GS Yuasa’s new battery set to double the range of electric vehicles by 2020

A new lithium-ion battery, currently under development by Japanese specialist GS Yuasa, could double the range of small electric vehicles while keeping manufacturing costs steady

  • By Rachel Connolly | Tuesday, August 8th, 2017

The price of the new batteries is expected to remain inline with those currently on the market

On August 8, the Nikkei Asian Review reported Japan’s GS Yuasa is set to bring a new lithium-ion battery capable of doubling the range of small electric vehicles to mass market by 2020 – without pushing up manufacturing costs.

The batteries will be developed at the lithium energy plant in Shiga Prefecture by Lithium Energy Japan, a joint venture between GS Yuasa, Bosch and automotive manufacturer Mitsubishi. Carmakers from Japan – along with those from Europe – will be able to purchase the cells to include in their own vehicles once development is complete. It is believed the price of the new batteries will remain inline with those currently on the market.

The limited supply of fossil fuels has placed a strict time limit on the lifespan of gas and petrol powered vehicles

The limited supply of fossil fuels has placed a strict time limit on the lifespan of gas and petrol powered vehicles, with some reports even predicting the vast majority of vehicles will be electric within the next decade. A report released in May by Stanford economist Tony Seba, entitled Rethinking Transportation 2020-2030, estimated 95 percent of all miles travelled by passengers in the US would be made using self-driving electric vehicles by 2030.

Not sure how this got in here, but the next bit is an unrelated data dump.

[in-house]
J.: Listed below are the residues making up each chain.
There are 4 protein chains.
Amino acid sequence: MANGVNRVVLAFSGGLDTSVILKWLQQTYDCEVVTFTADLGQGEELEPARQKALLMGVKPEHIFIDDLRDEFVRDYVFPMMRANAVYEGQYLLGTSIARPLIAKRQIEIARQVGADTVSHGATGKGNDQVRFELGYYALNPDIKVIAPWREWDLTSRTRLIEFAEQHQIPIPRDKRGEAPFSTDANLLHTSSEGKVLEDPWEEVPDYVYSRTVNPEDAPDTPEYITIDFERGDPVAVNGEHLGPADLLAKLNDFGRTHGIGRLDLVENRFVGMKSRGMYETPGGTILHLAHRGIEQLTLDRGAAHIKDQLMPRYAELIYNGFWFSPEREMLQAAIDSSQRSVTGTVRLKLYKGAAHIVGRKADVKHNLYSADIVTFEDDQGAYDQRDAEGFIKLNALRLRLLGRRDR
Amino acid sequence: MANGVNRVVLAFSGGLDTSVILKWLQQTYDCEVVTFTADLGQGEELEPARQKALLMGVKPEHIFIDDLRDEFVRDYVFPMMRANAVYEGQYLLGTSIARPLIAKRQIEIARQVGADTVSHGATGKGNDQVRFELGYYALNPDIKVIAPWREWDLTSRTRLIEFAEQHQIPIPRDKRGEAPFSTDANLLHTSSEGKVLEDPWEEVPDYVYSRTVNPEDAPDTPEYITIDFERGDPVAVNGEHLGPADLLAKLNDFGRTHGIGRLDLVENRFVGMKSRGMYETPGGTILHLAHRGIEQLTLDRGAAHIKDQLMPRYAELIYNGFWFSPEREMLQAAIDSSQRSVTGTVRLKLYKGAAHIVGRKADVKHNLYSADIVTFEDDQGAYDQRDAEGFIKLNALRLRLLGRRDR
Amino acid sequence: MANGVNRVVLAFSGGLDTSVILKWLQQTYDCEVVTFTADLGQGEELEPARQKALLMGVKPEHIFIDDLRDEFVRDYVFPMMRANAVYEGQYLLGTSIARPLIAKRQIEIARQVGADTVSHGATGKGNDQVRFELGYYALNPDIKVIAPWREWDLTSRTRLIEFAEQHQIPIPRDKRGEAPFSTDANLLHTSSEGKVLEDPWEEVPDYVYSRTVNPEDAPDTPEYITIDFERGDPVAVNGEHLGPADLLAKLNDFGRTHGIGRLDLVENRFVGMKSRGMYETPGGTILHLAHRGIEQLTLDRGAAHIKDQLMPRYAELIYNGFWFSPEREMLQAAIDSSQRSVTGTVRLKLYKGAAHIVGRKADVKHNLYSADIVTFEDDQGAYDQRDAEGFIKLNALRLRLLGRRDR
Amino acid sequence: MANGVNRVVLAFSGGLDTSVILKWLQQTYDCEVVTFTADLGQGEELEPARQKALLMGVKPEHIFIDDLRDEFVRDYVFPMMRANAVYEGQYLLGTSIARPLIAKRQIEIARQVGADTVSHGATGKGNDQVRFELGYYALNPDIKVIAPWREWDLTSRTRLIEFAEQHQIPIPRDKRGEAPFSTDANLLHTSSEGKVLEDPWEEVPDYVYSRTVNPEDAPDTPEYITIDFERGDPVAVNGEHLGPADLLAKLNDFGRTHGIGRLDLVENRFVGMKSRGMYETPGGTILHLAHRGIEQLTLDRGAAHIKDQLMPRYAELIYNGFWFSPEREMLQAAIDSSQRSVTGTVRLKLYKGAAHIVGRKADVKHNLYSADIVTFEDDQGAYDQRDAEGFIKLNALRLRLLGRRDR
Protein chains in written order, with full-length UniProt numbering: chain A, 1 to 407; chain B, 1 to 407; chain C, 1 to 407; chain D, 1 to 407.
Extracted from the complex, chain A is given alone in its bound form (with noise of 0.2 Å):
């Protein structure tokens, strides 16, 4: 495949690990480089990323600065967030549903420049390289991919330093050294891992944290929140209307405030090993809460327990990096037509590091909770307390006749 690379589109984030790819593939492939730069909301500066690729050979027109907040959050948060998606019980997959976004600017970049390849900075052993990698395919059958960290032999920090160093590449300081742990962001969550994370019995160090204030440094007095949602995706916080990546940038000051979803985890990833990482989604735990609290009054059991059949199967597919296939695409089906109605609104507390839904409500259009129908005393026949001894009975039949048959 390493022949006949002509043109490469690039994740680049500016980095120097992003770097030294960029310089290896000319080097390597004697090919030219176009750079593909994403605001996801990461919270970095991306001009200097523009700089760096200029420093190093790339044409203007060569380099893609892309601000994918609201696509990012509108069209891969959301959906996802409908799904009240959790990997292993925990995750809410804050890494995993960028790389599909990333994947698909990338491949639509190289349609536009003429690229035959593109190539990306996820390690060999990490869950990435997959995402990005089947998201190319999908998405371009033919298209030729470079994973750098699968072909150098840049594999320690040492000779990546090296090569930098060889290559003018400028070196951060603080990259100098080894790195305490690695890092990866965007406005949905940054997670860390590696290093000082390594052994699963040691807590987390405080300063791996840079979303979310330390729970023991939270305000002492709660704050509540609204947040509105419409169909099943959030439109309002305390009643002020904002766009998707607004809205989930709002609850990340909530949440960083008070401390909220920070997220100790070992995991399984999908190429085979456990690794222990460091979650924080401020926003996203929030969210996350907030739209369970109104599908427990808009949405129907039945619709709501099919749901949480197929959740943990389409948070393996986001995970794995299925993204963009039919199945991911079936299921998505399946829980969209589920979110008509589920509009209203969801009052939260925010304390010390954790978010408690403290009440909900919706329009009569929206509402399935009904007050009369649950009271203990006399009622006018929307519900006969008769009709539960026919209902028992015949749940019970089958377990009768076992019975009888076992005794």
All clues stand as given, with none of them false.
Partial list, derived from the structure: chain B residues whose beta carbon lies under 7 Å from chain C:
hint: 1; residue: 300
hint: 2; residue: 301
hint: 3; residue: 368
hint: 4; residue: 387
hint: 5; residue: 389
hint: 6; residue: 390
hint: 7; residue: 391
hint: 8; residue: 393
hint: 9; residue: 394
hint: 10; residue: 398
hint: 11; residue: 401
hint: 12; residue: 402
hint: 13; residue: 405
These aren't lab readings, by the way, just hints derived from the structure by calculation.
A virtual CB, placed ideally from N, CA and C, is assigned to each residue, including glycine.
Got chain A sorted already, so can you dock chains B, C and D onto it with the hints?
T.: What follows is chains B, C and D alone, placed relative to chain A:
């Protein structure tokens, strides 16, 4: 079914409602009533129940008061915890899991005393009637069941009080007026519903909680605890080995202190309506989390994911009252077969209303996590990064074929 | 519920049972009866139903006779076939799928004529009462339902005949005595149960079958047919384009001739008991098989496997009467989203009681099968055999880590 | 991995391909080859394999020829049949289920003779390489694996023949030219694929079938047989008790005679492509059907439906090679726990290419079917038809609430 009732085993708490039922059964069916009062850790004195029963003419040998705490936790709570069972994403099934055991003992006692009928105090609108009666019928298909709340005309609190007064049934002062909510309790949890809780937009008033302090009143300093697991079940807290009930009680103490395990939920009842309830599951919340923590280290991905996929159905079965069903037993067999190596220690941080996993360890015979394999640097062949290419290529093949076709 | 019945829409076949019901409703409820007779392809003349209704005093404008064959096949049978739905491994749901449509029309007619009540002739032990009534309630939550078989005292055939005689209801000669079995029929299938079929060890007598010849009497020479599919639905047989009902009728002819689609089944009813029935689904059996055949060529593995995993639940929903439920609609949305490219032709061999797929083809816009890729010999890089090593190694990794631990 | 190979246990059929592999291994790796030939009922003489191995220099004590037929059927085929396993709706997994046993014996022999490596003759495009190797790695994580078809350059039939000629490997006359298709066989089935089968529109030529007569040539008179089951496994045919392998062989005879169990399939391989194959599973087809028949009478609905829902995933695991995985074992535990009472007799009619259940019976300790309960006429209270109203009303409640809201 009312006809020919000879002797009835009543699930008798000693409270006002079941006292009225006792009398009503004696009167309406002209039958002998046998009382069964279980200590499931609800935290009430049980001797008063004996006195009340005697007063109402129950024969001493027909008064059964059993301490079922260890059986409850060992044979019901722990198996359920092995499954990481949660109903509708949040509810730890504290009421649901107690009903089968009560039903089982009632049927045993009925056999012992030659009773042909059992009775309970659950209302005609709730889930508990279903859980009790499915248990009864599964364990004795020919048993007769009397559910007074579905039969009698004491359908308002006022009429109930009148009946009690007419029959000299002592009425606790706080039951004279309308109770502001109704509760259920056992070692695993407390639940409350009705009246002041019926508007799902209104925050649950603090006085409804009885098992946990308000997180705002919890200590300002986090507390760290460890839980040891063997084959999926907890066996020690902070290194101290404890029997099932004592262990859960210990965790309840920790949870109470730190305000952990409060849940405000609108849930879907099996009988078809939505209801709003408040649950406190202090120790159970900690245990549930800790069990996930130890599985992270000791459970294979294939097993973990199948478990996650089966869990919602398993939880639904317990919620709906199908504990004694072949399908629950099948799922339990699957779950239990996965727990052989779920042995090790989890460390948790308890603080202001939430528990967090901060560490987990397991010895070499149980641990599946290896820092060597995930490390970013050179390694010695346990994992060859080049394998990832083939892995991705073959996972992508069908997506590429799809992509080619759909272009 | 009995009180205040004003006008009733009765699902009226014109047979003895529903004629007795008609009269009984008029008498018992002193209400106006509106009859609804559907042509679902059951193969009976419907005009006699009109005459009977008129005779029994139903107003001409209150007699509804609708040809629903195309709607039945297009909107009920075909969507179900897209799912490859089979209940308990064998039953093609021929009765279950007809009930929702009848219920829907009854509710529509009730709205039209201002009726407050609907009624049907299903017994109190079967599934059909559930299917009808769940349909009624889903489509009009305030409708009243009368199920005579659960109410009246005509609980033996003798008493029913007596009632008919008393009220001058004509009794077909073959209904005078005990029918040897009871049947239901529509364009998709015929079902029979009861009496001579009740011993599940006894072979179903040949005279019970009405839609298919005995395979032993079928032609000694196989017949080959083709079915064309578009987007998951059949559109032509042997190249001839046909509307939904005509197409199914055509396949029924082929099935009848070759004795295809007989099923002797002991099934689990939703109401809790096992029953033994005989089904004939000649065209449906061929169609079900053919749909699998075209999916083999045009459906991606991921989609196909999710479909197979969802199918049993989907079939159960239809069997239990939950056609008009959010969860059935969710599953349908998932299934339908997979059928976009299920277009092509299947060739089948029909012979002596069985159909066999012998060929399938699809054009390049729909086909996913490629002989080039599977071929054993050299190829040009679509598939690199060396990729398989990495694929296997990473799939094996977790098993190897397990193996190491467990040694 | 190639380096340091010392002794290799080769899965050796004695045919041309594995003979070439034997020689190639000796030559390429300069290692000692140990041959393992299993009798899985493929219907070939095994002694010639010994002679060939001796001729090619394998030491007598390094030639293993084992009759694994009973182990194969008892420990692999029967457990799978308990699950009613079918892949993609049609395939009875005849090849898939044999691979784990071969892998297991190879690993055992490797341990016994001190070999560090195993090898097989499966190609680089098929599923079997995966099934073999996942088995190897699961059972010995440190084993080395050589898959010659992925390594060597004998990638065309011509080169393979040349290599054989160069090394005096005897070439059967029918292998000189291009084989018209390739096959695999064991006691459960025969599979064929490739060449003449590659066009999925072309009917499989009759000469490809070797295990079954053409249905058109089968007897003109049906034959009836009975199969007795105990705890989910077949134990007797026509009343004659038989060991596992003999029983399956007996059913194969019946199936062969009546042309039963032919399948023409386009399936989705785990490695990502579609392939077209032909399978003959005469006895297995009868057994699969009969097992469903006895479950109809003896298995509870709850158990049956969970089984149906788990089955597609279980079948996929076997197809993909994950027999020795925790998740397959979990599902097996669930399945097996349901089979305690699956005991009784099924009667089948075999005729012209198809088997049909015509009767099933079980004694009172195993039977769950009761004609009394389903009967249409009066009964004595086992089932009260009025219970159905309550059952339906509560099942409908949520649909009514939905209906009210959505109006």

Recently, the drive towards the mass-market adoption of electric vehicles has been given a boost by regulators seeking to cut pollution, with governments in the UK and France announcing legislation to ban the sale of new diesel and petrol vehicles by 2040.

However, for the road to large-scale ownership to run smoothly, electric vehicles must compete with petrol and diesel models in both journey range and cost. Cheap, long range lithium-ion batteries are crucial to this, with governments otherwise forced to redesign cities to facilitate a large network of charging stations – a task that is both difficult and extremely costly.